Why Primary Schools Need to Invest in the Visual Arts

by Guest Writer

Artist educator and guest writer Paula Briggs is Creative Director at Access Art, a platform which supports art teachers across the UK with great resources for teachers and schools. Paula explores why schools should be investing in the visual arts, and breaks down how this can be done.

Why Primary Schools Needs To Invest in the Visual Arts (And 5 Ways to Do So)

In 2015 I wrote a post for the AccessArt website called “What is the Real Value of the Visual Arts?” which has been shared over 1000 times. The post aimed to give the artists, teachers and parents who know instinctively that a visual arts education is important, the confidence to shout even louder, through a series of statistics and key questions. Did you know, for example, that 1 in 12 people work in the creative industries? The creative industries contributed £76.9 billion in 2013 and that the creative and cultural industries are the fastest growing area of the UK economy (they grew by 11.3 % in 2012).

Sounds encouraging…and yet. Those of us working in art education are aware of a number of realities which seem to contradict the above statistics. The number of specialist art teachers in primary schools is still decreasing. Although art is part of the National Curriculum at Key Stage 1 and 2, teaching is not always rigorous and there is huge pressure on the subject in terms of time and space from other subjects that are deemed more important. Materials budgets are exceptionally small. Many children do not develop key skills at an early age. At Key Stage 3 there is yet more pressure on creative subjects from the EBAC which puts emphasis on the five key areas of Maths, Science, English, Humanities and Languages. The jury is still out on whether this will result in a decrease in the number of students taking GCSE art, but we do know there is huge pressure on pupils, parents and schools to focus on these core subjects.

A fear shared by many key academics and key practitioners is that there will be a skills shortage to feed the pipeline with young people with creative skills, which can't happen if we want to see the creative and cultural sectors continue to grow.

Nigel Carrington, Vice-Chancellor, University of the Arts London comments: “There is a perception (amongst parents and teachers) that creative subjects don’t deliver careers. The evidence is that they do. In a world where goods can be made anywhere, innovation is increasingly important. The creative industries on their own are the UK's second biggest business sector. Maintenance/supply of this workforce is central to the ongoing success of the UK creative industries, now one of our biggest business sectors.”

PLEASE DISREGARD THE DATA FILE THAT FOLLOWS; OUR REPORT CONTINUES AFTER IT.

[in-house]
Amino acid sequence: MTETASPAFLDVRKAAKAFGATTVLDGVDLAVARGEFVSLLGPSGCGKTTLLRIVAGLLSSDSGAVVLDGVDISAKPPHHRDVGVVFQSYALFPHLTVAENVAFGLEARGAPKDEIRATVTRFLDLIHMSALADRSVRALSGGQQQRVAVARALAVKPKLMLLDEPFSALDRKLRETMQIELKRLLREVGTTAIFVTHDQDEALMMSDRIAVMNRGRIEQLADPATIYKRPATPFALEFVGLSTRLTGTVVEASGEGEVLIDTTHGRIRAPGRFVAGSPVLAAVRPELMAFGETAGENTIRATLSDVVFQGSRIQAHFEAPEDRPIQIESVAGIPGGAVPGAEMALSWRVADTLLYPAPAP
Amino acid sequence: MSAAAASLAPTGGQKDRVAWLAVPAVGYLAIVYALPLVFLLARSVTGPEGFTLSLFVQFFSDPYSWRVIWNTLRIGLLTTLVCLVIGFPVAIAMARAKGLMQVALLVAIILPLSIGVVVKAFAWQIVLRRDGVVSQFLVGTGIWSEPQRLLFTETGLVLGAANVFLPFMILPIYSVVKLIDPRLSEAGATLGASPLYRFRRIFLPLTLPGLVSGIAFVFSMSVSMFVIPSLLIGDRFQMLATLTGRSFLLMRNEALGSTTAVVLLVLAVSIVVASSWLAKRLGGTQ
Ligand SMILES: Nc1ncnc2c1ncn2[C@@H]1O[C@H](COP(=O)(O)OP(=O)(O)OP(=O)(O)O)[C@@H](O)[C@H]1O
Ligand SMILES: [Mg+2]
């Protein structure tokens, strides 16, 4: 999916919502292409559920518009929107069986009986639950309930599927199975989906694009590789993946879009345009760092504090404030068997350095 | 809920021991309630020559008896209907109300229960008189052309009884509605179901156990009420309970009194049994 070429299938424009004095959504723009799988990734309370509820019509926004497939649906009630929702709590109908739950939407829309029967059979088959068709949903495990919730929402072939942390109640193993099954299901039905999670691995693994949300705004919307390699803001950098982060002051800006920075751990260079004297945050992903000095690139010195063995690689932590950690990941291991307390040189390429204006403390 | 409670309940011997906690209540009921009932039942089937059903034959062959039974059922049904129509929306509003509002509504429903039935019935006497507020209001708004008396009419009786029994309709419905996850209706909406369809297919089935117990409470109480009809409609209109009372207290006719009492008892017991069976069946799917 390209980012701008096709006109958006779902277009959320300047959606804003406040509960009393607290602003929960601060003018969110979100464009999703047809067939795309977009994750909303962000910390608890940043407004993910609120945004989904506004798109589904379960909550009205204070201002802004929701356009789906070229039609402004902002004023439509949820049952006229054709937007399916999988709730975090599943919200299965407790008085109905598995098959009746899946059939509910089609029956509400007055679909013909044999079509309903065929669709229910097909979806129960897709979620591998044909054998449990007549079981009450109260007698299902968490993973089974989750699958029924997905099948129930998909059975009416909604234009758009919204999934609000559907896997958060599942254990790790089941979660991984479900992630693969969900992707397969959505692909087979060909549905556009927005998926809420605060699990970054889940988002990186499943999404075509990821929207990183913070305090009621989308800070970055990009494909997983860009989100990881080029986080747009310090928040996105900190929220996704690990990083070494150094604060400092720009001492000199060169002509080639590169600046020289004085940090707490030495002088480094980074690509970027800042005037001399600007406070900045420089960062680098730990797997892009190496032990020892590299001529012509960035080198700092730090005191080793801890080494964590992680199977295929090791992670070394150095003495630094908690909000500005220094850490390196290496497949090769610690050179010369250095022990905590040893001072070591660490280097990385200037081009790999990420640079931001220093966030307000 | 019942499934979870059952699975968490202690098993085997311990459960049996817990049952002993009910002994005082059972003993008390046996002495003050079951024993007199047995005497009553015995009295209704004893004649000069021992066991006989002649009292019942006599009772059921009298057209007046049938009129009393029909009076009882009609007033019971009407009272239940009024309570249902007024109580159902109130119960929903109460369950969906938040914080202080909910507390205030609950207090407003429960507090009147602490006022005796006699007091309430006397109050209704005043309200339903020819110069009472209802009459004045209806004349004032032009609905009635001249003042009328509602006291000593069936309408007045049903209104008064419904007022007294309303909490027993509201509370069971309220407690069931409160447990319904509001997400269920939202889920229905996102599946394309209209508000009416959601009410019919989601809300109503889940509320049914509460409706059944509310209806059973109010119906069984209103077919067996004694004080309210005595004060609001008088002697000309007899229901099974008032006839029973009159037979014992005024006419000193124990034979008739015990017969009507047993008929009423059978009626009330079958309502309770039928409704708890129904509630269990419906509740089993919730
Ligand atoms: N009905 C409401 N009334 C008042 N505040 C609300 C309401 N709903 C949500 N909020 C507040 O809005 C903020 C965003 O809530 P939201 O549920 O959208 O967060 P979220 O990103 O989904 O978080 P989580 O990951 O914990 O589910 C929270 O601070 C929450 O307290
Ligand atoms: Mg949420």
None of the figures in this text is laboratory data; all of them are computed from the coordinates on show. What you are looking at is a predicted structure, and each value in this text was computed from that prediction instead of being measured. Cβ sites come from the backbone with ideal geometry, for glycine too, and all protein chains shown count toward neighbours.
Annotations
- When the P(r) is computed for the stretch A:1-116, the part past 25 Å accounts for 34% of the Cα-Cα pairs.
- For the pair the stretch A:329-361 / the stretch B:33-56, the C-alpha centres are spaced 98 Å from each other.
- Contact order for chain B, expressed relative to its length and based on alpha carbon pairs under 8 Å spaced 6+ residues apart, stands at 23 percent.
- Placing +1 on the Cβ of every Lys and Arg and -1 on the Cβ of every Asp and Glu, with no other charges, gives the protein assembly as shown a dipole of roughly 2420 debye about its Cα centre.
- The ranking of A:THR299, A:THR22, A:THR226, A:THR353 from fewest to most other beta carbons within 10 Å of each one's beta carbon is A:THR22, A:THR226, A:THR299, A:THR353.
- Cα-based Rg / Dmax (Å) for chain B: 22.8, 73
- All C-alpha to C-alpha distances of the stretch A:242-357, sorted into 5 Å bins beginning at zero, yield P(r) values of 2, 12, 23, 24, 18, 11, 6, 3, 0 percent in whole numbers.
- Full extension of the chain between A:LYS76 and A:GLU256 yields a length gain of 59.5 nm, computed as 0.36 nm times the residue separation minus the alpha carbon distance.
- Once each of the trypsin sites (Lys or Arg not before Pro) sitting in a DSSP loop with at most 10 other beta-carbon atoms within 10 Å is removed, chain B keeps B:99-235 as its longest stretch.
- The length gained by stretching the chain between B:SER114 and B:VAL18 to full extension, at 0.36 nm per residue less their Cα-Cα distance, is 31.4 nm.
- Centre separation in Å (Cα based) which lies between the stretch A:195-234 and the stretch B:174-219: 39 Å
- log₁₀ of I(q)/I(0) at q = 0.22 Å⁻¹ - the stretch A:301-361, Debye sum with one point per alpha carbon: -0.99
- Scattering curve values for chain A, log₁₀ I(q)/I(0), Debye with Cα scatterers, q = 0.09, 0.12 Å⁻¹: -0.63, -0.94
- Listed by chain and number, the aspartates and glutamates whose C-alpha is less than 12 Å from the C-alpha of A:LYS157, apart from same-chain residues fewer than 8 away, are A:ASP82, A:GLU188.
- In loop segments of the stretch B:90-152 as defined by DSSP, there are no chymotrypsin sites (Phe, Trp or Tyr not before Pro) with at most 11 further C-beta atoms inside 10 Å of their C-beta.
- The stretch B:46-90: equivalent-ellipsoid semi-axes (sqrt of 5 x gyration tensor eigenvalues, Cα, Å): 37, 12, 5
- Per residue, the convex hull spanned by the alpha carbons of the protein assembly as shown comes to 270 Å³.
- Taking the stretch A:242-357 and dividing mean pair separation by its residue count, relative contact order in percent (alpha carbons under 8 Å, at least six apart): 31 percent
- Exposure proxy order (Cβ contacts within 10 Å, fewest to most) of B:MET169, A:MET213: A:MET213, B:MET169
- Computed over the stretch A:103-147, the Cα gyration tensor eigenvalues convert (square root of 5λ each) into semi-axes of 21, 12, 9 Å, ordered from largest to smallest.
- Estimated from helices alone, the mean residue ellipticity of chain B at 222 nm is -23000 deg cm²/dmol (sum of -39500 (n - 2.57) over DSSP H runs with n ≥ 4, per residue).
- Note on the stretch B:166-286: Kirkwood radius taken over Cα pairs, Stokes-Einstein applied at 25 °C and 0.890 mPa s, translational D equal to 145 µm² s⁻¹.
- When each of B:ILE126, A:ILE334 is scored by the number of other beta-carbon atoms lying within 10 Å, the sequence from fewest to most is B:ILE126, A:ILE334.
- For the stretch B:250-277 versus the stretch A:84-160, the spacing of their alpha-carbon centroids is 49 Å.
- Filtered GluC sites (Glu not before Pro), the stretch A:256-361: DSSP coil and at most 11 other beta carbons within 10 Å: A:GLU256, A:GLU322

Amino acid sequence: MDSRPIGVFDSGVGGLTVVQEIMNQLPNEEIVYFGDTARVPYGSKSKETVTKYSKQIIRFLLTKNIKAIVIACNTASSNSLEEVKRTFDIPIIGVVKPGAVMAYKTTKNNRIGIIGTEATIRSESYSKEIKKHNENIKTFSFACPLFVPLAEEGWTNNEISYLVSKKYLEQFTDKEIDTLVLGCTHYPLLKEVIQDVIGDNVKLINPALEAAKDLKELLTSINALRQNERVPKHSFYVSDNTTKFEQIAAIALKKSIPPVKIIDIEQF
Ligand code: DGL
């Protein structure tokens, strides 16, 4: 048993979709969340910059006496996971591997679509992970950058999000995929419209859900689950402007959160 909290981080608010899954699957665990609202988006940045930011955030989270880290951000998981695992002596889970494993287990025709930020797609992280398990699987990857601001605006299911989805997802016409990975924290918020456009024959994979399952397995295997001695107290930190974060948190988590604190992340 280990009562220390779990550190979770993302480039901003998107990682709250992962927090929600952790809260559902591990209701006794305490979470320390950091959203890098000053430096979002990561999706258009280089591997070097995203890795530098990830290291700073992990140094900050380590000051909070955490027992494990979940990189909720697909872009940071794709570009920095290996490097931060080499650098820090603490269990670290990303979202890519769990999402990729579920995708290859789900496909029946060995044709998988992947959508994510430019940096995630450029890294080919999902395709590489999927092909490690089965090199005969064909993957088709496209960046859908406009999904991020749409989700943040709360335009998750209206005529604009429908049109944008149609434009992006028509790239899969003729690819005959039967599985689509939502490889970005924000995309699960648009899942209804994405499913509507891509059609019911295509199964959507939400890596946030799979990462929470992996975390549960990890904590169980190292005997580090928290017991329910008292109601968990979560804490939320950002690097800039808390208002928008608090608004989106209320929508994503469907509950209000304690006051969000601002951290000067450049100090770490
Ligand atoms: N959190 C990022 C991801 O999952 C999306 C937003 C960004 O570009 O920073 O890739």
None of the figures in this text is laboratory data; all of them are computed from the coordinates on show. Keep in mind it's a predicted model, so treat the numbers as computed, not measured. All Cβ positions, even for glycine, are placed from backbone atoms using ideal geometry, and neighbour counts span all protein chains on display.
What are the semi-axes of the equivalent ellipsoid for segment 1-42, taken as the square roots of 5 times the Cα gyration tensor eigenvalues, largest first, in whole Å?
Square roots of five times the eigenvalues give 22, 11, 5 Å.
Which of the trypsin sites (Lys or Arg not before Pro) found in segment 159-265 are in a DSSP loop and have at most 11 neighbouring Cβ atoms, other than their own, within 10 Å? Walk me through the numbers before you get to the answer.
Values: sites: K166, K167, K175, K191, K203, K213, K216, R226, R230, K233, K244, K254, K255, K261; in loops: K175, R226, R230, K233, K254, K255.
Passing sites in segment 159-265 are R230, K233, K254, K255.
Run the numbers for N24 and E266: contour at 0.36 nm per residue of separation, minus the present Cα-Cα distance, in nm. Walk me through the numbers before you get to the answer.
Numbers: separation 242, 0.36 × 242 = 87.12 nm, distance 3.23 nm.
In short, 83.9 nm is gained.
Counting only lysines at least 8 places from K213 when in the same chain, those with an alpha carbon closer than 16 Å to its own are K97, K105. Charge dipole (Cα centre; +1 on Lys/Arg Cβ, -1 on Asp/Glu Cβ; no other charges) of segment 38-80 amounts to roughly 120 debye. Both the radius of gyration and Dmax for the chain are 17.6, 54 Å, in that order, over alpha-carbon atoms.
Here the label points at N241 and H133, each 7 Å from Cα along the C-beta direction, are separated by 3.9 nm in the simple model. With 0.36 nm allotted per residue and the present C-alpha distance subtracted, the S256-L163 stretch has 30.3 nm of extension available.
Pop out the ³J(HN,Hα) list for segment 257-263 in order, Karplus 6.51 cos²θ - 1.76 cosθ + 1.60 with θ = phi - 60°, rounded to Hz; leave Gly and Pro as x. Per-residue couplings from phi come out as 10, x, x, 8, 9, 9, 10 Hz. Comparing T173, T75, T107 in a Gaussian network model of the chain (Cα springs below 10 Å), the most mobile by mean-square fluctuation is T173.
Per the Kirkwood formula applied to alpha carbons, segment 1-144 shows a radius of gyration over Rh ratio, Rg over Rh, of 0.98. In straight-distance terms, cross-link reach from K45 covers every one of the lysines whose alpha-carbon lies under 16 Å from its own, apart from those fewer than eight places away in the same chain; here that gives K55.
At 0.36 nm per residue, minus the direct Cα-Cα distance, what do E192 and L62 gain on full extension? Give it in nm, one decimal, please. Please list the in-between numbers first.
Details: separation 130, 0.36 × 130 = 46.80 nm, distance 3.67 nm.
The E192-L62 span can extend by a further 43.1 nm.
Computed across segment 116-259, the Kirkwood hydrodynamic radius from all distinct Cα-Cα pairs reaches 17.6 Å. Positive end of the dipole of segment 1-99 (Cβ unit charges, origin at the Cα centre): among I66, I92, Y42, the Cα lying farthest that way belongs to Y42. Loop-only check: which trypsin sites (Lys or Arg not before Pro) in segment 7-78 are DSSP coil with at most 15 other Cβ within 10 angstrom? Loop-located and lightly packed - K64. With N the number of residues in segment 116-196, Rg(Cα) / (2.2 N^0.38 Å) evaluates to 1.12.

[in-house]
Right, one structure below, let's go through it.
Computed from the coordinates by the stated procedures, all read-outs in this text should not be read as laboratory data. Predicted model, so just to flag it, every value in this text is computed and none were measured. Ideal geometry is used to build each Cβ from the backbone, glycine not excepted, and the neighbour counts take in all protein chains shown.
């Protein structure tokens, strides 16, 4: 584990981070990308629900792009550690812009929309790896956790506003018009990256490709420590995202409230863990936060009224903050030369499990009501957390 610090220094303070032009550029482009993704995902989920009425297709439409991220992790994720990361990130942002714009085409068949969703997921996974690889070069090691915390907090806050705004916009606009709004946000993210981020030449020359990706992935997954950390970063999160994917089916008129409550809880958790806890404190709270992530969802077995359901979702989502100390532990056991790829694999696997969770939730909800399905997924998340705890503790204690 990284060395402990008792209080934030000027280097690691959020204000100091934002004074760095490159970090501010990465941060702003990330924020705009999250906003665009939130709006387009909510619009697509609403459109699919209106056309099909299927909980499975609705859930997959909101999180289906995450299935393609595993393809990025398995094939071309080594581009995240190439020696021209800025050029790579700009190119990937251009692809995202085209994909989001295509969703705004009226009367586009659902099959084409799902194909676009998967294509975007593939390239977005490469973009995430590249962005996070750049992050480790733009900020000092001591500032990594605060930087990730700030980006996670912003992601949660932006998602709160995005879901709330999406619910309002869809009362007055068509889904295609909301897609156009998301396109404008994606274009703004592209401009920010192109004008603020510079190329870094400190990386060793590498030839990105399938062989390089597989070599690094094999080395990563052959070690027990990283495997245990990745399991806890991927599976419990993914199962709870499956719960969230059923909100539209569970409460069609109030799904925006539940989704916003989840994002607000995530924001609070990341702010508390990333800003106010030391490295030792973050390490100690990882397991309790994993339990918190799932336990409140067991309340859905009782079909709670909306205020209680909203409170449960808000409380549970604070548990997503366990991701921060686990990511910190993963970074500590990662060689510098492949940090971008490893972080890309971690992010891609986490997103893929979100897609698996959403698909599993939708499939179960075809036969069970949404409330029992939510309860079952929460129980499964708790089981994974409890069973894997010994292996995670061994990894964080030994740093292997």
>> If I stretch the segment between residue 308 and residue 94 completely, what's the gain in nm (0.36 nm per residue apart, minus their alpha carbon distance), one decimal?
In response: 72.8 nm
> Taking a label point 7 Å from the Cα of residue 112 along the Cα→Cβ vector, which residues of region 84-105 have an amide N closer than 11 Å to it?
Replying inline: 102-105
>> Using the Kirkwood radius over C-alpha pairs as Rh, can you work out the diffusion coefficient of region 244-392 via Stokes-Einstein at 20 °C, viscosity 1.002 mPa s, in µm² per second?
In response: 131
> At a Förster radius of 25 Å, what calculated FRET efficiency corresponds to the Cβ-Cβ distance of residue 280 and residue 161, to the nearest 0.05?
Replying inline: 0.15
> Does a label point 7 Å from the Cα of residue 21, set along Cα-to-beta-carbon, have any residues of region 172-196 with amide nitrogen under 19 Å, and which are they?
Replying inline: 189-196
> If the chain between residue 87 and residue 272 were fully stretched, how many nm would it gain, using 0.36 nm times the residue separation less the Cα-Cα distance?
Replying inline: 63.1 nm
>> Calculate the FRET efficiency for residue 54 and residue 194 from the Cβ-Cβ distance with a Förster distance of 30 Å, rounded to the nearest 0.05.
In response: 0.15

The pipeline to the creative industries begins at pre-school, continues through primary school, through to secondary school and into Higher Education and Further Education. At each of these stages, and every time we fail to provide an opportunity for children and young people to explore their relationship with the world through making and drawing, we weaken this pipeline. This potentially prevents the next generation of creative individuals from helping build the creative industries of the future.

So, what can primary schools do, with limited time, space and money, to help create a climate in which the arts can flourish? Here are five key points which we have seen make a big difference to the arts in schools.

1. Use sketchbooks.

Sketchbooks are a great tool to enable creativity, and even the youngest children will benefit from sustained use. Don’t be too controlling in the work which goes on in sketchbooks – let the books be places of personal exploration. By all means set tasks, but do allow pupils to pursue their own journeys in the sketchbooks – this will help make confident creative learners. If when you open each sketchbook at for example page 5, each pupil’s book is identical, think again about how you can give the children more creative space. Use this page for ideas. 

2. If you have a spare room, make it into a creative space.

AccessArt has been researching how schools with specific art rooms tend to then invest in art in other ways. Art rooms ultimately lead to specialist art teachers, and an embedding of art across the curriculum.

3. Make full use of a weekly art lesson to teach art as rigorously as any other subject.

You can use this page for lots of teaching ideas and approaches. But in addition, try to think of ways to squeeze more art into the normal school day. Art weeks provide a great focus (but don’t let them replace weekly lessons), and after-school clubs can be great ways to feed interested pupils.

4. Build links outside of the school.

Seek out local artists, and become friends with your local museum or gallery. Try to enable children to see art in the flesh (taking sketchbooks on any visit of course!) Seek out local and national competitions, or even consider organising a local competition that puts your school at the centre.

5. Lastly, build the profile of art in your school by sharing the outcomes.

Sharing outcomes help show pupils that you value their work, and helps parents understand why art is important. Consider adding artwork to the school website, or even create a separate blog (with the children’s help!) Look for links outside the school – can your artwork be displayed in local cafes or community centres, for example?


By Paula Briggs, Creative Director of  AccessArt

Author of Drawing Projects for Children, Black Dog Publishing, 2015 & Make, Build, Create: Sculpture Projects for Children, Black Dog Publishing Spring 2016

Join Access Art to use their resources and fuel your teaching here. You can also apply for the artist educator discount at Cass Art here.

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